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Could infections or other illnesses contribute to chronic fatigue syndrome?

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Chronic fatigue syndrome often, but not always, begins with a sudden infectious-like illness (fever, sore throat, aching muscles, upset stomach). Research has found that several different types of infectious agents can trigger the beginning of the illness, including Epstein-Barr virus (a common cause of mononucleosis), Lyme disease bacteria and Q fever bacteria.

From: What is Chronic Fatigue Syndrome? WebMD Medical Reference

SOURCES:

CDC: “Chronic Fatigue Syndrome.”

Office of Women’s Health, U.S. Department of Health and Human Services: “Chronic fatigue syndrome.”

National Health Service (U.K.): “Chronic fatigue syndrome.”

Narita, M. , November 2003. Biochemical and Biophysical Research Communications

Sharpe, M. , July 1997. BMJ

Cleare, A. , April 2001. The American Journal of Psychiatry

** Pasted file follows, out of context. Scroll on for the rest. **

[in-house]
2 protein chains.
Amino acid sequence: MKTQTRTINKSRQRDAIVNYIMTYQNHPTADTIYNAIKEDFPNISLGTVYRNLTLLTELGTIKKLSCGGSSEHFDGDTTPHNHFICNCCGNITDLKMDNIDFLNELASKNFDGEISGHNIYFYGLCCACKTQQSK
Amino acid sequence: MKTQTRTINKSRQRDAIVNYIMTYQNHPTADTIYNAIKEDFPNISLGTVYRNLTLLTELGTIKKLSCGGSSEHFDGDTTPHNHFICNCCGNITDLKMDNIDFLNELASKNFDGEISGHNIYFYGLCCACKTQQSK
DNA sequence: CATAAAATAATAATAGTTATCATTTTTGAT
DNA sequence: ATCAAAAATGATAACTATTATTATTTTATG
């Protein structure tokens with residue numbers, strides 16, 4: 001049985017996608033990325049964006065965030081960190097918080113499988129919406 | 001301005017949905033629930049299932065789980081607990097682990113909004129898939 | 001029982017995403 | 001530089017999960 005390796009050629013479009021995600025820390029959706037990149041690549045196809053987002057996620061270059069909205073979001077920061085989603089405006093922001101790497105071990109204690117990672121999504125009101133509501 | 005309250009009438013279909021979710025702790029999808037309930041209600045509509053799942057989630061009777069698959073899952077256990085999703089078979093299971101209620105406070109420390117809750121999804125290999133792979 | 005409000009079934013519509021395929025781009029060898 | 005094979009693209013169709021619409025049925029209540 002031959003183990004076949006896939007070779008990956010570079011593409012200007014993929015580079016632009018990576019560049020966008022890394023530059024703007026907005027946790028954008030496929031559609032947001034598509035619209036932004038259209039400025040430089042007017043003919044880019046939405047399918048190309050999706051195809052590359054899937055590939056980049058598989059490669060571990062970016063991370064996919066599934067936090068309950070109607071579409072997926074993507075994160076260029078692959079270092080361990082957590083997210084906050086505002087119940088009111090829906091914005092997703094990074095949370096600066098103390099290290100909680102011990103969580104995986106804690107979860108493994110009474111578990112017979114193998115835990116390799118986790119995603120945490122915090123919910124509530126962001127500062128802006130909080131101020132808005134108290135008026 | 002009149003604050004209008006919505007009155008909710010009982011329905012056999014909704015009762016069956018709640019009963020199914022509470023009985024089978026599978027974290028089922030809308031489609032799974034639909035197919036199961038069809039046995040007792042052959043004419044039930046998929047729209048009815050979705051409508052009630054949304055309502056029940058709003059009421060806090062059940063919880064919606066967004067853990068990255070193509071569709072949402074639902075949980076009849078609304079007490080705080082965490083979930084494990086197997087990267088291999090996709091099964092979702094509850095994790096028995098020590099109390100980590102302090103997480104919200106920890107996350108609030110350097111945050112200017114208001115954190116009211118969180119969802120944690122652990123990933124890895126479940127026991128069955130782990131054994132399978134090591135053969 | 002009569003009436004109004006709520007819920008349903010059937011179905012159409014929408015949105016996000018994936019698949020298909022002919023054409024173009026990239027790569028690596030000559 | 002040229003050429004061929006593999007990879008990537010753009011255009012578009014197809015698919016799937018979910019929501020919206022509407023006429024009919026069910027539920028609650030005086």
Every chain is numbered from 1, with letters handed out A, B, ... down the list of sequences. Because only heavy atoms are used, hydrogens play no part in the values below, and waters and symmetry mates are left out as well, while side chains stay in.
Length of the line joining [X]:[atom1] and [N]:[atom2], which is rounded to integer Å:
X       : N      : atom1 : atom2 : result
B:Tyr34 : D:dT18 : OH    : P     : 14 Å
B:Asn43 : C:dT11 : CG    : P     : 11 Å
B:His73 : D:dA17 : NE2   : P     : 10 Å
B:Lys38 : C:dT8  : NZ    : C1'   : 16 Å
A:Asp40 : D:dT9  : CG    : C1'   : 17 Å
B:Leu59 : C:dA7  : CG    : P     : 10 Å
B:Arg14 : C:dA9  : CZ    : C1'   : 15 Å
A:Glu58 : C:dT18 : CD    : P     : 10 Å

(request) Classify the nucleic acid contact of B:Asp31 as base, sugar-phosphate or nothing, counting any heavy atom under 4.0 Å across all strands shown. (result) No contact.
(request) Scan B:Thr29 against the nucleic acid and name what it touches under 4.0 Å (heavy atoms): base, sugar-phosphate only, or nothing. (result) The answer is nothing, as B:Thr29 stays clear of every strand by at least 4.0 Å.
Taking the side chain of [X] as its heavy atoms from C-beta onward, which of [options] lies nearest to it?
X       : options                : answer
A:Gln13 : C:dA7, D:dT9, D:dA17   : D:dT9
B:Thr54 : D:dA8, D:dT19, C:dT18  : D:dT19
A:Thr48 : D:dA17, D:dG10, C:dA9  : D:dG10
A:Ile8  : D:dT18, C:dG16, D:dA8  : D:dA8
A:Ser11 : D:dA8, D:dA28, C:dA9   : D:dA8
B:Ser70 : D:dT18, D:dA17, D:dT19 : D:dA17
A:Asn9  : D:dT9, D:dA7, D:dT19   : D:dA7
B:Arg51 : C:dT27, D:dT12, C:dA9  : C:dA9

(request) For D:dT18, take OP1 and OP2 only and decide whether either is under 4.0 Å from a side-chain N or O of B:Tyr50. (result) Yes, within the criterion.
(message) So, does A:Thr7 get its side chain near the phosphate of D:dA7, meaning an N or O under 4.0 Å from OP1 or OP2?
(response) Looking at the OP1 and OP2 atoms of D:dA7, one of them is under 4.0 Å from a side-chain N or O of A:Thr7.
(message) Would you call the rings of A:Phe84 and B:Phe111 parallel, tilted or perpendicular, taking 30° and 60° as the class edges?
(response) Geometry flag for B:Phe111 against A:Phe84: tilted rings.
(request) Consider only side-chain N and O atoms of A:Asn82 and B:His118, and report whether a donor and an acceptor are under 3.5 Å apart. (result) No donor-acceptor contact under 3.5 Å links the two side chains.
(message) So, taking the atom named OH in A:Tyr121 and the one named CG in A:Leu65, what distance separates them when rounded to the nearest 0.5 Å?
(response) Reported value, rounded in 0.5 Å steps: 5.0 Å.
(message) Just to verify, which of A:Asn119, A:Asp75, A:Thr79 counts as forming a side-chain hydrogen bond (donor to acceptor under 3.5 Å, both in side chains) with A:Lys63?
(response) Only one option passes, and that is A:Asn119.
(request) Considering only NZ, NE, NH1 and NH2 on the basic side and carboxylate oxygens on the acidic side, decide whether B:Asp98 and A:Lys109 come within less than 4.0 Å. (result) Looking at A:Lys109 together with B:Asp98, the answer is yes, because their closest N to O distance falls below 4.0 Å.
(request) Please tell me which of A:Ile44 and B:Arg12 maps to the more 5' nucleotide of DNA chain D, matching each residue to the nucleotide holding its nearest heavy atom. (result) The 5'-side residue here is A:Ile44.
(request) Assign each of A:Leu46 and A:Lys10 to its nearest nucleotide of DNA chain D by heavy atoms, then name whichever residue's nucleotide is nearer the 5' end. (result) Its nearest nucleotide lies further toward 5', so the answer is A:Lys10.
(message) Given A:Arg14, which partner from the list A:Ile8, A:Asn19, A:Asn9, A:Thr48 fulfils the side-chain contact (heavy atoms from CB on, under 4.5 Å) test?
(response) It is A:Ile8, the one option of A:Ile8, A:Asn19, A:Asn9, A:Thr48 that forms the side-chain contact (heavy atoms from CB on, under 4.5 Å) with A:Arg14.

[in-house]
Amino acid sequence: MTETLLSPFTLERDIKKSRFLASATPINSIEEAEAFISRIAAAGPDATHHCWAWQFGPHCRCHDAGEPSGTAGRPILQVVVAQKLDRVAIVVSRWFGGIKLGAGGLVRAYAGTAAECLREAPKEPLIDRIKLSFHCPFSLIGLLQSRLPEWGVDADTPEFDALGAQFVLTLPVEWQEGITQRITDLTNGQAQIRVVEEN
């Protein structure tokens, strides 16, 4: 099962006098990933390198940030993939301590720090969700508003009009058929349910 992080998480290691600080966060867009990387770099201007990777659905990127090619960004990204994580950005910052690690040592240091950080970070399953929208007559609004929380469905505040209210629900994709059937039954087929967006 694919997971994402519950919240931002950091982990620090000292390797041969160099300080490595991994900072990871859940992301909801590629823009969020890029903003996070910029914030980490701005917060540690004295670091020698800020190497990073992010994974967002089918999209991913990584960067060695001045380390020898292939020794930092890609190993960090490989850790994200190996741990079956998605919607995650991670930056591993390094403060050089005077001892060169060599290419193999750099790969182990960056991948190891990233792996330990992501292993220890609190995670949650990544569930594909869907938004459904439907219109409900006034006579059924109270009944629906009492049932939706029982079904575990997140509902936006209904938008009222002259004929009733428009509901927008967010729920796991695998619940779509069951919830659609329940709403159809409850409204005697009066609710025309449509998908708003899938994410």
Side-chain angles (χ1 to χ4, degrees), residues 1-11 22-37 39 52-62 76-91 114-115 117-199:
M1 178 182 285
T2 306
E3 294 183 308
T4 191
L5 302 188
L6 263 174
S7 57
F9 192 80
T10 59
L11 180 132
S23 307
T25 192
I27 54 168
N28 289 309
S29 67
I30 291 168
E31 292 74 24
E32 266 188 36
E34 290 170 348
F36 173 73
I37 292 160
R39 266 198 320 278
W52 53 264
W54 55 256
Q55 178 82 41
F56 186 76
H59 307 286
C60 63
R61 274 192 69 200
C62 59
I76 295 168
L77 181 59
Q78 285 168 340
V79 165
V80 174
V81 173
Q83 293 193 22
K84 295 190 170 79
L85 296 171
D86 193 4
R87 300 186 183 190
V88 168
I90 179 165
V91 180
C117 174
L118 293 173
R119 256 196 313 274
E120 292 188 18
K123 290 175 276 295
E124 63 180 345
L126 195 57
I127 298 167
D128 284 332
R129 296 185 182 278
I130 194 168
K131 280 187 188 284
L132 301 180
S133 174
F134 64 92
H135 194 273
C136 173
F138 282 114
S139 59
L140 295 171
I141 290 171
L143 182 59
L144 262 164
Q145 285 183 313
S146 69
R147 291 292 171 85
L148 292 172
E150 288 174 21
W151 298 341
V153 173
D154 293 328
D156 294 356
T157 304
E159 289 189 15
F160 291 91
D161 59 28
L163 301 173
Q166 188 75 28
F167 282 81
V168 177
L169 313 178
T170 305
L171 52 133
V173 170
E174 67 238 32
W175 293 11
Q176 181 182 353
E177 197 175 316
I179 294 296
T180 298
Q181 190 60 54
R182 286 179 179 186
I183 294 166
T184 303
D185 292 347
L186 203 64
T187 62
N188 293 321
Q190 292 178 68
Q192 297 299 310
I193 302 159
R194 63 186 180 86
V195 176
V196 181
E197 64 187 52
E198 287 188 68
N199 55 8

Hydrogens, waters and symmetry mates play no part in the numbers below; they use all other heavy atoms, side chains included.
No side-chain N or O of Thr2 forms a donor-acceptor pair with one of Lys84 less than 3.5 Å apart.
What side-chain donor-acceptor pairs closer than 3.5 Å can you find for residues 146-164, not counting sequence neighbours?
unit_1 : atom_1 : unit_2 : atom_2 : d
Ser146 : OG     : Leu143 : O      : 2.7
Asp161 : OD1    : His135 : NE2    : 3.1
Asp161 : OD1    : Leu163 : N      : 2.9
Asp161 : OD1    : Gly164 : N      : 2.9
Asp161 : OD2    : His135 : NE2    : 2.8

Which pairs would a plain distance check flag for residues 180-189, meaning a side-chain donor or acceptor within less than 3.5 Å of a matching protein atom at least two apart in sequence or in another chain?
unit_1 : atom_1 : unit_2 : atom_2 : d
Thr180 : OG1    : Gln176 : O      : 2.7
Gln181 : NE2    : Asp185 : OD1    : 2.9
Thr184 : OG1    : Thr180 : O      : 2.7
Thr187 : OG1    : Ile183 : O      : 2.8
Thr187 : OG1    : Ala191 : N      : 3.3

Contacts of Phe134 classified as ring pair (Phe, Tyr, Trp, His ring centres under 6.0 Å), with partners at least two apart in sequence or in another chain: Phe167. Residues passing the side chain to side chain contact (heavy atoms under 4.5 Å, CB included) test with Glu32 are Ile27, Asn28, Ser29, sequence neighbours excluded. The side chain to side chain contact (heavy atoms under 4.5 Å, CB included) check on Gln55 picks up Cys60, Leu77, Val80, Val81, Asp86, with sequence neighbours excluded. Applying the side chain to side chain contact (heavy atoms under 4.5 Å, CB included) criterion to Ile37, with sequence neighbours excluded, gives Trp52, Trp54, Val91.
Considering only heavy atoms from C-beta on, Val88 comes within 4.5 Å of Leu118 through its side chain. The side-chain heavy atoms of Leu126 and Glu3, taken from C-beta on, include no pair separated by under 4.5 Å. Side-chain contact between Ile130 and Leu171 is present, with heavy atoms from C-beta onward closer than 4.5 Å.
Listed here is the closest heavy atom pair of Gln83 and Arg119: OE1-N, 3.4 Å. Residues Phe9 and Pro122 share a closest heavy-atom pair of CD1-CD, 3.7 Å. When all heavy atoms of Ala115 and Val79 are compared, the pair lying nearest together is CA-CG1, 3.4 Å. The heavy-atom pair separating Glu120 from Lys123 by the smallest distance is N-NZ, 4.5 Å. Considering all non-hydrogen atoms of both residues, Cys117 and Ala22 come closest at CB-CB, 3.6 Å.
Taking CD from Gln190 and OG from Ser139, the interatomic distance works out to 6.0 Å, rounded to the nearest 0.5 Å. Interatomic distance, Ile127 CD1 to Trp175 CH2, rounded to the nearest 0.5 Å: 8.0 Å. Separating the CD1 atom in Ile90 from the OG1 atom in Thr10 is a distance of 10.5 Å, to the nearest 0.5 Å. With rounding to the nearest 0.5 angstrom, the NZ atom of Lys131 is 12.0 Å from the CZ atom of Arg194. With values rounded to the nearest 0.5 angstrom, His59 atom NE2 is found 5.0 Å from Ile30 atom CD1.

Genetics Home Reference: “Corticosteroid-binding globulin deficiency.”

Reviewed by Anthony L Komaroff on October 12, 2018

SOURCES:

CDC: “Chronic Fatigue Syndrome.”

Office of Women’s Health, U.S. Department of Health and Human Services: “Chronic fatigue syndrome.”

National Health Service (U.K.): “Chronic fatigue syndrome.”

Narita, M. , November 2003. Biochemical and Biophysical Research Communications

Sharpe, M. , July 1997. BMJ

Cleare, A. , April 2001. The American Journal of Psychiatry

Genetics Home Reference: “Corticosteroid-binding globulin deficiency.”

Reviewed by Anthony L Komaroff on October 12, 2018

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Can serotonin and cortisol levels contribute to chronic fatigue syndrome?

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